Major improvements to San Mateo’s Woodlake Shopping Center, and its Safeway and Longs Drug stores, were approved the week of Aug. 16, 2008 by the San Mateo Planning Commission.
The Woodlake Shopping Center, at the corner of Peninsula Avenue and Delaware Street, was built in the mid 1960s. Shopping center owners applied earlier in 2008 for the necessary permits and approvals to revamp the 40-year-old shopping center.
The remodel of the 50,000-square-foot center included new exterior and new signs, a repaved parking lot, fresh landscaping, a new drive-through pharmacy and redesigned Safeway and Longs.
County to require food labeling
County supervisors unanimously agreed the week of Aug. 16, 2008 to require food labeling in unincorporated San Mateo County.
The ordinance affected approximately 30 businesses in the county plus chain outlets at San Francisco International Airport.
The controversial proposal nearly met one opposition vote by Supervisor Rich Gordon. Although Gordon emphatically supported the idea, he initially suggested the county postpone a vote until lawsuits were settled against San Francisco and Santa Clara counties over similar ordinances.
Schools face legal battle
The firm fired in 2007 from overseeing $298 million in construction projects at local school districts filed a claim against the San Mateo Union High School for unlimited funds the week of Aug. 16, 2008.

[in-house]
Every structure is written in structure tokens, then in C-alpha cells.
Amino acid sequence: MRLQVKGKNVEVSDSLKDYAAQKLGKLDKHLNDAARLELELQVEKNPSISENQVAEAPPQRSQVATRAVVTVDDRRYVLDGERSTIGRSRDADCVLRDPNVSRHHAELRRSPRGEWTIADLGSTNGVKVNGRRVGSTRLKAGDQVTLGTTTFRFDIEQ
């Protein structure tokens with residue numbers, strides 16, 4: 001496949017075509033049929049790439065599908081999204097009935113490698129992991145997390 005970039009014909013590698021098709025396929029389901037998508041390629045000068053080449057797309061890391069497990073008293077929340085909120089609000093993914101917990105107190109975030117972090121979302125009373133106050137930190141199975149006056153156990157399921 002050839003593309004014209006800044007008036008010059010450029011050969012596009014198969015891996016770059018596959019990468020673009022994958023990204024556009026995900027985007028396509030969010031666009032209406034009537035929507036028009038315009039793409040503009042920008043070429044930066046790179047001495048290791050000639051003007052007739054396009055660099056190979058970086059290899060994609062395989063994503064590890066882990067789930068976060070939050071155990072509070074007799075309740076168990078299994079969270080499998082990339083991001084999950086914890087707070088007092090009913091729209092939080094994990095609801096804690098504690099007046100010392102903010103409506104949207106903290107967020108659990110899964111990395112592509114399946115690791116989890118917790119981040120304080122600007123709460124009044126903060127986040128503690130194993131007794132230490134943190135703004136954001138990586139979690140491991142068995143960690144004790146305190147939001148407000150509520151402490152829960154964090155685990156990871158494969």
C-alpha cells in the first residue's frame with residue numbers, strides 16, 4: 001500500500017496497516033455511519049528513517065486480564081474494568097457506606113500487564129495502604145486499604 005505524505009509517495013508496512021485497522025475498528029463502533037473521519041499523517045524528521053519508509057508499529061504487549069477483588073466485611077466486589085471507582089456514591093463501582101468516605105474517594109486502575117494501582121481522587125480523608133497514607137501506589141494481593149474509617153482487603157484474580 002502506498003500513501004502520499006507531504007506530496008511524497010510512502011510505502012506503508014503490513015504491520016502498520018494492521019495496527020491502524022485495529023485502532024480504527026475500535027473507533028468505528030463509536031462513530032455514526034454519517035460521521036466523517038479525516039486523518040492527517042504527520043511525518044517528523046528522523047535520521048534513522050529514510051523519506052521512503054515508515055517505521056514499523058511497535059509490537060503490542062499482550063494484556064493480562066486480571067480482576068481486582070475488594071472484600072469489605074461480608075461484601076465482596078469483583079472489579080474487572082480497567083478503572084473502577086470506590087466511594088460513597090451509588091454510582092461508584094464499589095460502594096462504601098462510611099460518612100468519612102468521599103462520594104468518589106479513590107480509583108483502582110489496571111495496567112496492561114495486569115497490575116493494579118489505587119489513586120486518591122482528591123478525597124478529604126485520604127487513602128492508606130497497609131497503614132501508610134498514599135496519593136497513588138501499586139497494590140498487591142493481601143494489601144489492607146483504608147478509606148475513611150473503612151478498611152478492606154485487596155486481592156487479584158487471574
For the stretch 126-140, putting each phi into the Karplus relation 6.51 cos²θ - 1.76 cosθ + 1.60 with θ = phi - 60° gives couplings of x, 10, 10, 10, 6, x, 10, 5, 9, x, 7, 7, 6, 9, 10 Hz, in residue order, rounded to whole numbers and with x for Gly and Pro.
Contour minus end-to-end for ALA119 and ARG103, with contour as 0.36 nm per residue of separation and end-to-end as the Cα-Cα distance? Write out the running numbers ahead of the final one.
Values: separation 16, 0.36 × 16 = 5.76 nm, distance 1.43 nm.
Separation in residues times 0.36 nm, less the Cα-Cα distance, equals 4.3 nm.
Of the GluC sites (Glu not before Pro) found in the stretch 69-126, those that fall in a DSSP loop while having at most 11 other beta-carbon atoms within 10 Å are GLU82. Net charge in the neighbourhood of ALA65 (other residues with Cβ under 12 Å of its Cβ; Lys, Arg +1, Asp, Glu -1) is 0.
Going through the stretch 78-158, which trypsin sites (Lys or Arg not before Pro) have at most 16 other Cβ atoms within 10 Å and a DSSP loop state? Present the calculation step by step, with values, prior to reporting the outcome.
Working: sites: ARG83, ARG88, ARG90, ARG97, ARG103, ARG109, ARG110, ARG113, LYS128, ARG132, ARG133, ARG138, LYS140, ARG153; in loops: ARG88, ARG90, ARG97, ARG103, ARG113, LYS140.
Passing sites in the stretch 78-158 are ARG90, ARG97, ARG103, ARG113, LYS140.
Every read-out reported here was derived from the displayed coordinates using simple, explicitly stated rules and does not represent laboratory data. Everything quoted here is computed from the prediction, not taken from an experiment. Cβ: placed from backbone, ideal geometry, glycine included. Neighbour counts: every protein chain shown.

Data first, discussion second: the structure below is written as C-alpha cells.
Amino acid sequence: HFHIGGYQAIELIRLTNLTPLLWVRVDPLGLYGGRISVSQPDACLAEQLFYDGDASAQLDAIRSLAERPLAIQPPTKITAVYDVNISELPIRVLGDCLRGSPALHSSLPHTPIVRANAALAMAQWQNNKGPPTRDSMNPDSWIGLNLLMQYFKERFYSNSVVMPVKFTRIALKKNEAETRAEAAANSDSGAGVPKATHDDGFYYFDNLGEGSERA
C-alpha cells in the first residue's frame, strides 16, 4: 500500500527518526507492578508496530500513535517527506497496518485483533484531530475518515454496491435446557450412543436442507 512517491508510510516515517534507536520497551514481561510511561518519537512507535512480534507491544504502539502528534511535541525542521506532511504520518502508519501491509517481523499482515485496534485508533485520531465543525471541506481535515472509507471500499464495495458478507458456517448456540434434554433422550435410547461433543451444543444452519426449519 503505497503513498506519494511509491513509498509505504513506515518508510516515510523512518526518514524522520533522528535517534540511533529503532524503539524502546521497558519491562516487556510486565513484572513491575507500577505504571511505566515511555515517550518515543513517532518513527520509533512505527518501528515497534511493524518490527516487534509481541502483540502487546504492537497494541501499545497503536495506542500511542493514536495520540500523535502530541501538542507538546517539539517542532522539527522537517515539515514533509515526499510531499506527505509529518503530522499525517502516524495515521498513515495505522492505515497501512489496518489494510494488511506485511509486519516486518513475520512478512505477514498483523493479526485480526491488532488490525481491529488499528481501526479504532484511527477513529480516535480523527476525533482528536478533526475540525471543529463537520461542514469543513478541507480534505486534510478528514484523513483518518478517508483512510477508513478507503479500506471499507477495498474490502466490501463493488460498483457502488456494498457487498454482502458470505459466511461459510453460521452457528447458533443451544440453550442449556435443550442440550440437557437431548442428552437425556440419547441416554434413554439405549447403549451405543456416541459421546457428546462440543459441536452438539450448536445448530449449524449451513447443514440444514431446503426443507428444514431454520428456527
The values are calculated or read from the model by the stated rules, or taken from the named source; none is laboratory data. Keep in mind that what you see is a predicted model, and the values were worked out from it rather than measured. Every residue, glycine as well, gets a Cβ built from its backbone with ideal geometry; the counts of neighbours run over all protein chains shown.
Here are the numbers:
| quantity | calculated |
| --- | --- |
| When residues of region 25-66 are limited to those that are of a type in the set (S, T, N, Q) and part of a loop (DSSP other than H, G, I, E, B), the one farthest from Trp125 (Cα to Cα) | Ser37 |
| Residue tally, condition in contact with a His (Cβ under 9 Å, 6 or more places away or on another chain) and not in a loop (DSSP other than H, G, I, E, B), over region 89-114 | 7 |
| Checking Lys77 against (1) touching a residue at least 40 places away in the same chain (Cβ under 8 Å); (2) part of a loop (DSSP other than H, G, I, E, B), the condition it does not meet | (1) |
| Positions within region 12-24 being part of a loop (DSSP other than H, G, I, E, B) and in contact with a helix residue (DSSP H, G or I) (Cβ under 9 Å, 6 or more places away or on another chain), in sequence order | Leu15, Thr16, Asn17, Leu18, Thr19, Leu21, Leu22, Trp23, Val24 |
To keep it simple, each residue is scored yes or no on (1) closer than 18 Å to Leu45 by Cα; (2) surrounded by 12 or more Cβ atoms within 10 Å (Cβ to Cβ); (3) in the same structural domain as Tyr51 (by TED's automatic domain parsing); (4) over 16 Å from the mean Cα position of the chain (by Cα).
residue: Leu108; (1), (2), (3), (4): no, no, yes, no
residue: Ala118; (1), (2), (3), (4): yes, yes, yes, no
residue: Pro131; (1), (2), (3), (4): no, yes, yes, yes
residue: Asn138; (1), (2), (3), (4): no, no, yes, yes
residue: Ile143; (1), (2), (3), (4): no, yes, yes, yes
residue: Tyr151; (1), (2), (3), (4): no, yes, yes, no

Oakland-based Skanska Building, Inc. was slated to oversee construction management for the six-year construction plan associated with Measure M. Numerous questions led the district Board of Trustees to give Skanska the pink slip in April 2007 before finding a new company to oversee construction efforts. On Aug. 4, 2008, Skanska filed a claim against the district calling for payment promised from a letter of intent to hire. The board unanimously denied the claim that week during a closed session vote.
Yee proposes Half
Moon Bay park plan
A plan drafted by state Sen. Leland Yee, D-San Mateo/San Francisco, the week of Aug. 16, 2008 aimed to use state housing and park money to help Half Moon Bay settle a land dispute without compromising environmental precedent.
In March 2008, a settlement agreement dropped a $41 million federal judgment against the city in exchange for legislation that would allow development on two wetland parcels in Half Moon Bay known as Beachwood and Glencree. The legislation drew opposition from the Coastal Commission and environmentalists because it appeared to sidestep environmental protection laws.
Under the settlement, both the city and developer Charles “Chop” Keenan agreed that if the legislation, Assembly Bill 1991, did not pass than the city would take ownership of the land in exchange for $18 million.
Yee’s proposal would have provided up to $10 million in Proposition 1C funds, a 2006 state bond for housing and rural parks, to create a public park at the Beachwood property.
From the archives highlights stories originally printed five years ago this week. It appears in the Friday edition of the Daily Journal.